[ValidateSet("Error","Warn","Info")] 
        [string]$Level="Info", 

        [Parameter(Mandatory=$false)] 
        [switch]$NoClobber 
    ) 

    Begin 
    { 
        # Set VerbosePreference to Continue so that verbose messages are displayed. 
        $VerbosePreference = 'Continue' 
    } 
    Process 
    { 

        # If the file already exists and NoClobber was specified, do not write to the log. 
        if ((Test-Path $Path) -AND $NoClobber) { 
            Write-Error "Log file $Path already exists, and you specified NoClobber. Either delete the file or specify a different name." 
            Return 
            } 

        # If attempting to write to a log file in a folder/path that doesn't exist create the file including the path. 
        elseif (!(Test-Path $Path)) { 
            Write-Verbose "Creating $Path." 
            $NewLogFile = New-Item $Path -Force -ItemType File 
            } 

        else { 
            # Nothing to see here yet. 
            } 

        # Format Date for our Log File 
        $FormattedDate = Get-Date -Format "yyyy-MM-dd HH:mm:ss" 

        # Write message to error, warning, or verbose pipeline and specify $LevelText 
        switch ($Level) { 
            'Error' { 
                Write-Error $Message 
                $LevelText = 'ERROR:' 
                } 
            'Warn' { 
                Write-Warning $Message 
                $LevelText = 'WARNING:' 
                }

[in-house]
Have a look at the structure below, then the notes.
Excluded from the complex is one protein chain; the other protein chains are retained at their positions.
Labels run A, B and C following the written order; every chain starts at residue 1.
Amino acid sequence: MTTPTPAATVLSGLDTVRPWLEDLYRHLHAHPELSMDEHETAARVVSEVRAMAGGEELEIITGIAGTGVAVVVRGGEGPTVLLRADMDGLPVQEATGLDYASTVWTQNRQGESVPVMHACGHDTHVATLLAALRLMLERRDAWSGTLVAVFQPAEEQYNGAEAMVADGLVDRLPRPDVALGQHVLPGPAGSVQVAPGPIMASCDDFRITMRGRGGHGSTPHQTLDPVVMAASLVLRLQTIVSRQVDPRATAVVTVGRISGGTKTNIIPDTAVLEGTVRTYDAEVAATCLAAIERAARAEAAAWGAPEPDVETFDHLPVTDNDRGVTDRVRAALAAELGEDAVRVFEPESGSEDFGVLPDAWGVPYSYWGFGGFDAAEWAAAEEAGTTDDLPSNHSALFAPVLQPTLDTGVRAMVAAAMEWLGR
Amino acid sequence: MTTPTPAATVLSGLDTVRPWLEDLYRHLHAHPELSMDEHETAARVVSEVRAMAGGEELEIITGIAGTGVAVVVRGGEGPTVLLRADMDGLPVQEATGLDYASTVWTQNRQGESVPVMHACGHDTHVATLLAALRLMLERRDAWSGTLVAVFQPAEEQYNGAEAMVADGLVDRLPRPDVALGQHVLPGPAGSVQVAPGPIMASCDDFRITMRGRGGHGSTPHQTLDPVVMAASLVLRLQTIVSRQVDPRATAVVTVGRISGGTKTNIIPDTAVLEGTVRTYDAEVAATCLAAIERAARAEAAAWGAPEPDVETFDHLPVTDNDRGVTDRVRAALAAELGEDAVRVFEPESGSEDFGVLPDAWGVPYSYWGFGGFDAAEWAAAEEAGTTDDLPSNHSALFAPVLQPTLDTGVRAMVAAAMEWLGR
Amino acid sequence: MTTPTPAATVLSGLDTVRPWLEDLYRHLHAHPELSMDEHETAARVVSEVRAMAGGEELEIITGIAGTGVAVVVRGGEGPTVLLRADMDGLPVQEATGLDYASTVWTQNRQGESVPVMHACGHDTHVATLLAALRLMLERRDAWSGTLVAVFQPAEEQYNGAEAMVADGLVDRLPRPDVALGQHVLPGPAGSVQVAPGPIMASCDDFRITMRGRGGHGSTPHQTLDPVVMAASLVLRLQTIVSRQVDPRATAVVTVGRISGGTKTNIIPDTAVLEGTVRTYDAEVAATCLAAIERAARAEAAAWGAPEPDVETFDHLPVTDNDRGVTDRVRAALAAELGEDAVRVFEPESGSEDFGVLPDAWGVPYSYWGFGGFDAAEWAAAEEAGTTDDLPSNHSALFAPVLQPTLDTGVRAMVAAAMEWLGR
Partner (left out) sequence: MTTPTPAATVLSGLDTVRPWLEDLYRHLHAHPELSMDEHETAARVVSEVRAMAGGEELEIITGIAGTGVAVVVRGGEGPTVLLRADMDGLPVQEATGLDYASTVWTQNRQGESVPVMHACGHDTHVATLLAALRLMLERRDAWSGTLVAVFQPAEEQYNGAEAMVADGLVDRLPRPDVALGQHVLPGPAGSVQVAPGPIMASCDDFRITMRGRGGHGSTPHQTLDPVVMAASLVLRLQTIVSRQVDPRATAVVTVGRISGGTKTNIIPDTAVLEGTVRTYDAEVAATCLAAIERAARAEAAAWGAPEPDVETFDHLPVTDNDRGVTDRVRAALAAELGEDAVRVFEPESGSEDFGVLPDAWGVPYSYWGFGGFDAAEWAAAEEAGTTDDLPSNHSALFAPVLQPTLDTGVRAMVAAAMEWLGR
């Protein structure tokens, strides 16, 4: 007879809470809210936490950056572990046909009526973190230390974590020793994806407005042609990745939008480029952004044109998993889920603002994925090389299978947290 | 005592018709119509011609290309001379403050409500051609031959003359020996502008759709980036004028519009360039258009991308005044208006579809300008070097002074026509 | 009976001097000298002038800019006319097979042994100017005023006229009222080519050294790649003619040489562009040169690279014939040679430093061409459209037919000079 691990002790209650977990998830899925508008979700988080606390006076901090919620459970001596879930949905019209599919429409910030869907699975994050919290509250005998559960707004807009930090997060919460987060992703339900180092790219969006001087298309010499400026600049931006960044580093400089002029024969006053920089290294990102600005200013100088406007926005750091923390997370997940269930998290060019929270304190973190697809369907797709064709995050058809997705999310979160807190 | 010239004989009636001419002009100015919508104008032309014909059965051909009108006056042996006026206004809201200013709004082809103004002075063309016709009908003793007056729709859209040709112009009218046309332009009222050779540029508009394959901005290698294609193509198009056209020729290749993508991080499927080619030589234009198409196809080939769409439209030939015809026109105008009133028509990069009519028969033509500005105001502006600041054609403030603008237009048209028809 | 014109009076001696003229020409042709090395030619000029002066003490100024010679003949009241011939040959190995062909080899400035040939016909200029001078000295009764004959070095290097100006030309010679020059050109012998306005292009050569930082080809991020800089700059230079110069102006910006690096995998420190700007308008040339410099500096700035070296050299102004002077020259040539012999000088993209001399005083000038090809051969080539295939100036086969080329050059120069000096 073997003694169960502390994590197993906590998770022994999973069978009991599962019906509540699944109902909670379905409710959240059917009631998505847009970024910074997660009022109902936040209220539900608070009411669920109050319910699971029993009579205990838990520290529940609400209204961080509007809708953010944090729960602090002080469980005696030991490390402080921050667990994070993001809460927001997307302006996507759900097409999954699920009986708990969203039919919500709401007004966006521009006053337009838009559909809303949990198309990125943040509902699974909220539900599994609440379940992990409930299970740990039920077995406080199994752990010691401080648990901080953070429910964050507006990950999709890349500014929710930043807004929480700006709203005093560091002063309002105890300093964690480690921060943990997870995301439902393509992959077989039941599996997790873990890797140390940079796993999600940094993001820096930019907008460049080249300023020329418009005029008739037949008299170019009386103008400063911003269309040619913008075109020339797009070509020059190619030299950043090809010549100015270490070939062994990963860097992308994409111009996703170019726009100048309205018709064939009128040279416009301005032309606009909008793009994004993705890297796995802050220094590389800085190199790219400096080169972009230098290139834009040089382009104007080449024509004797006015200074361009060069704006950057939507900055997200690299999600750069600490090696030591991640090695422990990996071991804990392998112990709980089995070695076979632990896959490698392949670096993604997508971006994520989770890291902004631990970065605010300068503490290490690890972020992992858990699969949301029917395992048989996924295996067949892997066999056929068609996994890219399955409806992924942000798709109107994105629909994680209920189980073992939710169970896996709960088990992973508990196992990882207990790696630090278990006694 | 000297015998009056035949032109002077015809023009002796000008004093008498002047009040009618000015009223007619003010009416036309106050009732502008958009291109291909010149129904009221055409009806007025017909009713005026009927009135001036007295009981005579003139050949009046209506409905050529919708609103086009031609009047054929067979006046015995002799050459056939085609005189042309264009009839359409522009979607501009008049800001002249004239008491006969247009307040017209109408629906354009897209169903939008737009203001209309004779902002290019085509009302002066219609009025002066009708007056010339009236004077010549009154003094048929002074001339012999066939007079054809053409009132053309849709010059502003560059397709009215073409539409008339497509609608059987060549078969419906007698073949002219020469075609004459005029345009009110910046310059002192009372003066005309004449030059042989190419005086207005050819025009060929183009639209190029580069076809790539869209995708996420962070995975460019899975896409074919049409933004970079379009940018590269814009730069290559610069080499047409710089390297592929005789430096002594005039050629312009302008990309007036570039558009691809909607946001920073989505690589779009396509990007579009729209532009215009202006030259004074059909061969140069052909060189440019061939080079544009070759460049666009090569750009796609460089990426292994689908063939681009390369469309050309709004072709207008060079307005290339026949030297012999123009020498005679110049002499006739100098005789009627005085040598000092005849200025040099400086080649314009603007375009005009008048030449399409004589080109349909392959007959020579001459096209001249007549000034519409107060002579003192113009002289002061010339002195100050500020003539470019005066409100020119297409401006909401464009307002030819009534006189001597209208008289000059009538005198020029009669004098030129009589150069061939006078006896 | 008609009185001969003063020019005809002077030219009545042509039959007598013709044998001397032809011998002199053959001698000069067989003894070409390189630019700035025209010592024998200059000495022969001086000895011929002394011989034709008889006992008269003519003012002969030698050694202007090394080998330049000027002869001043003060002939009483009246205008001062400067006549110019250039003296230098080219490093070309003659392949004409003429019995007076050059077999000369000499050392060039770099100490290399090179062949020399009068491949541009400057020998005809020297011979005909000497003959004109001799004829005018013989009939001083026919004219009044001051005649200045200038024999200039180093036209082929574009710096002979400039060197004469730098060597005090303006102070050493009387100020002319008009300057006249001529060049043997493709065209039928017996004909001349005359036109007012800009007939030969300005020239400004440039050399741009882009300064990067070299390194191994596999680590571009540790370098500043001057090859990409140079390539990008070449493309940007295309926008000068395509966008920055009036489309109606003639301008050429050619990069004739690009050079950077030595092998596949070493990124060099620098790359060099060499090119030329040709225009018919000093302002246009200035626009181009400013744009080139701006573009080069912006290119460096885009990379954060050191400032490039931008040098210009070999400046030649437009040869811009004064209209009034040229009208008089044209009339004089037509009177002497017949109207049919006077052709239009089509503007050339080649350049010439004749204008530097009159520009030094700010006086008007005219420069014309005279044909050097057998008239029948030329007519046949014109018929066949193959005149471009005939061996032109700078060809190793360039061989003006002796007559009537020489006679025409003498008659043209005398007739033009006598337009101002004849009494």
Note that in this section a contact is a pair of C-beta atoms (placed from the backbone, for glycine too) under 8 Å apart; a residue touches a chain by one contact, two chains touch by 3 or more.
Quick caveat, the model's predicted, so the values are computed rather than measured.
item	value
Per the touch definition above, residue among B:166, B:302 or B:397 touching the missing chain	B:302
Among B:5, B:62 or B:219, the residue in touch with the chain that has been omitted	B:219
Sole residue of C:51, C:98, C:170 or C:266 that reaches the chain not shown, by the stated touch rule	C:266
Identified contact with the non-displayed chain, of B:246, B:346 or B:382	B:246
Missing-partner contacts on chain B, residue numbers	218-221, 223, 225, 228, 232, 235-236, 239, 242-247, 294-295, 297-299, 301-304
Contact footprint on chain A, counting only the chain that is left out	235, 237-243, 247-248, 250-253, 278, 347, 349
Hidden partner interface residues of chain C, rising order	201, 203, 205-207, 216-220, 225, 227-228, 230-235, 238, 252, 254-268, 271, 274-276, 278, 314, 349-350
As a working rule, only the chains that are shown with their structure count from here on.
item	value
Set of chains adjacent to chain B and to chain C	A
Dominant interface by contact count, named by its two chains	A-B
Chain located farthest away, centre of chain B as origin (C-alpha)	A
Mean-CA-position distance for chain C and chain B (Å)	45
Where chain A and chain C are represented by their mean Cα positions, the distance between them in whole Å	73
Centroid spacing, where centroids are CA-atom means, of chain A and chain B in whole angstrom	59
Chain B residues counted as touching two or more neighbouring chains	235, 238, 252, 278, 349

'Info' { 
                Write-Verbose $Message 
                $LevelText = 'INFO:' 
                } 
            } 

        # Write log entry to $Path 
        "$FormattedDate $LevelText $Message" | Out-File -FilePath $Path -Append 
    } 
    End 
    { 
    } 
}

Usage:

 Write-Log -Message 'My log Error Message' -Path c:\Logs\Script.log -Level Error

 Write-Log -Message 'My log Warning message' -Level Warn

Note: By default its storing in C:\logs\PowershellLog.log. You can change it on the fly during using also and you can hardcode it in function itself.

Hope it helps.

  • That's the same kind of function but you've missed the real question in the post. – David Buckley Jan 20 '17 at 9:11
  • You mentioned that how to capture any output and put it into log if I am not wrong @DavidBuckley – Ranadip Dutta Jan 20 '17 at 9:12
  • Yes .. however your function does exactly the same thing that mine does ... which lets me "Send" messages to the logfile ... what it does not do is capture the output from some commands ... if they are errors or not and send that to the logfile using my function. Please re-read the examples. – David Buckley Jan 20 '17 at 9:18
  • Oo. That one. YOu can simply use >> wherever stdout is coming and give your file path after it. It will append the data to the file. You can also use *pipeline and Out-File -path "filepath" * , that will also put the output in the file – Ranadip Dutta Jan 20 '17 at 9:31
  • I'm not sure what you mean by *pipeline and Out-File -path. Can you please elaborate with examples, specifically around the "Copy" command in my original post. – David Buckley Jan 23 '17 at 2:10